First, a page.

The real story of the companies that run our everyday lives by the author of Tescopoly.
How much do you know about the big-name brands we live by?
Virgin, BP, Land Rover, Barclays, Cadbury's, BBC and M&S.
In our times the PLCs have been seen as giants, the backbone of commerce and society. Yet seen through a historical perspective they are vulnerable creatures, flowering only briefly. In fact, on the Fortune 500 - a roll-call of power if ever there was one - there's just one company, General Electric, which was on the list half a century ago. The rest have gone: broken, bankrupt, merged, raided for their parts. More like mayflies than megacorps. And getting more fragile all the time.
The great corporations that now dominate our lives are treated by the law courts as if they were people.They have the same rights, but unlike us they have no emotions, morals or life histories.The only corporate biographies you find are celebratory, promotional portraits with the warts left out. So, we don't really know where most great brands came from or where they are going.
This book spills the beans by telling the real life stories of some of the biggest corporate names, and finds them as dramatic, flawed and revealing as any human biography.
I wish this book had been available when we made the very bad mistake of becoming a public company, it is the antithesis of becoming a human company. It confirms my belief that closing down The Harvard Business School would be doing a service to mankind....
If you want to understand why we're paying the price for decades of economic folly, read this book. The chapter on BP alone is worth it. If you want to ensure that we don't repeat the mistakes of the past, read this book. In these extraordinary tales, Andrew Simms and David Boyle point the way forward, revealing how enterprise can become more socially and environmentally useful.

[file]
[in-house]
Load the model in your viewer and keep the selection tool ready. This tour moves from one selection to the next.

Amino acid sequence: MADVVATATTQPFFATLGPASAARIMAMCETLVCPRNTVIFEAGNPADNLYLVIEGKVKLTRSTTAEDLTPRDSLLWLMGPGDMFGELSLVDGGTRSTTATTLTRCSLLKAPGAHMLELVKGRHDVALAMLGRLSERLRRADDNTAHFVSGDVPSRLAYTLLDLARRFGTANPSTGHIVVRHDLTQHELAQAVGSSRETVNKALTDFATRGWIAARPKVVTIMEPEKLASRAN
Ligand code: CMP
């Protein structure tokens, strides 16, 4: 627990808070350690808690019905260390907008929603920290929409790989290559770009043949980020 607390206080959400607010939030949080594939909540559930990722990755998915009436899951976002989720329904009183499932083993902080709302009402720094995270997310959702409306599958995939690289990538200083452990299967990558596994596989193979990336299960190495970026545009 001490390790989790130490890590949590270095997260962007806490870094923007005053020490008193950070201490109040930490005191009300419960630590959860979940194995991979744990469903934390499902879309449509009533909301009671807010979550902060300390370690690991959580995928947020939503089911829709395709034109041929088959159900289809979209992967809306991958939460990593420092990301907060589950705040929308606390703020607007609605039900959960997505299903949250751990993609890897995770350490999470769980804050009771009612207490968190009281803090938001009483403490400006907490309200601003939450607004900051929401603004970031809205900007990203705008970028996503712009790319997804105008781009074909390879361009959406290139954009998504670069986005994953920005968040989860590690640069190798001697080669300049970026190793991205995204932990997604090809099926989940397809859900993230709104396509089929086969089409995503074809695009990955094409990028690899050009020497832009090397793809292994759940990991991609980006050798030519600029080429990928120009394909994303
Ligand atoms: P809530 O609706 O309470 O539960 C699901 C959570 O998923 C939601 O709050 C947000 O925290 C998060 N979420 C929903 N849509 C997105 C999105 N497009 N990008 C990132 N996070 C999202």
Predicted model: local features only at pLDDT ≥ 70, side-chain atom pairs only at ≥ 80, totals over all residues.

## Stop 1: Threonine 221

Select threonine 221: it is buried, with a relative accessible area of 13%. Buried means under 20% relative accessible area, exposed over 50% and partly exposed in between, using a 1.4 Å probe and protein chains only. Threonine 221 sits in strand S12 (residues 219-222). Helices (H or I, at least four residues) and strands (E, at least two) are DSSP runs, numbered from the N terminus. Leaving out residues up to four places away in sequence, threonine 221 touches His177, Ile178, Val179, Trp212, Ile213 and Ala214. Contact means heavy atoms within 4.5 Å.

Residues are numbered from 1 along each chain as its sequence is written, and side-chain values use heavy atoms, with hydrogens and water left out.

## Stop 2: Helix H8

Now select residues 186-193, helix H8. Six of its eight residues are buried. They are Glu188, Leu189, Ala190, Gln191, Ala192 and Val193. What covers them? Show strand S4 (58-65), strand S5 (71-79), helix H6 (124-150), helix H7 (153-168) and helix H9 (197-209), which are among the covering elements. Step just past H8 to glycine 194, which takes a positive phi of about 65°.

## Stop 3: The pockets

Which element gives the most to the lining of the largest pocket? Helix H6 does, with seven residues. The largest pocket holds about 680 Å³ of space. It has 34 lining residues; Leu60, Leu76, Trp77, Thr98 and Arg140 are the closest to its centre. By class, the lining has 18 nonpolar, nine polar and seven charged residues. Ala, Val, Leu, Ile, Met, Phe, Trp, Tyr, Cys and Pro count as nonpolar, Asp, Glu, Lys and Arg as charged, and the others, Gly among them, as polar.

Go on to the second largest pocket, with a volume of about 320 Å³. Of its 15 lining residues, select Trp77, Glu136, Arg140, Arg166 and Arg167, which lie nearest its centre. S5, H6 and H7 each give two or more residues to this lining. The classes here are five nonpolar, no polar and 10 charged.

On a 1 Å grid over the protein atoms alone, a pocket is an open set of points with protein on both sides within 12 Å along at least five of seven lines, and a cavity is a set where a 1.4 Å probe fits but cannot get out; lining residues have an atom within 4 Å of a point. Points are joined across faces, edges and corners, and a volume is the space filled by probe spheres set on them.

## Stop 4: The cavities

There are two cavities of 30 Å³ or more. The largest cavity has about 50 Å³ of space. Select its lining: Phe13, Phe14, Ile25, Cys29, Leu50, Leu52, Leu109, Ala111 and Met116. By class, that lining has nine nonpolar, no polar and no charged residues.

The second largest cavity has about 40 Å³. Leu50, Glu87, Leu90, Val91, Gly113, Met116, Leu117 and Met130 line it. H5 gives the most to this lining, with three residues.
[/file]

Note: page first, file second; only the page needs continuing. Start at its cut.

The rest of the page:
This book is the essential guide to what went wrong with British business. From BP to Cadbury and Virgin - oil and chocolate to almost anything - these tragi-comic tales reveal how our own fates have become linked to the rise and fall of massive corporations.
Eminent Corporations is a coruscating but amusing account of what goes wrong when corporations grow too large. This book is the last word in why companies should never be allowed to become 'too big to fail'.
Andrew Simms is the author of several books including the bestselling Tescopoly. He is a Fellow of nef (the new economics foundation), trained at the London School of Economics and was described by New Scientist magazine as, 'a master at joined-up progressive thinking.' He is also one of the UK's leading campaigners who coined the term 'Clone Towns,' co-authored the groundbreaking Green New Deal, was one of the original organisers of the campaign to cancel poor country debt, and devised how to mark the day in the year when the world enters 'ecological debt.' Andrew witnessed first hand for more than twenty years failed international efforts to solve critical economic and environmental problems, from extreme poverty to climate change.
Andrew Simms is Policy Director of the New Economics Foundation (NEF) and a board member of Greenpeace UK. He is the author of Tescopoly and writes on various issues including climate change and globalisation.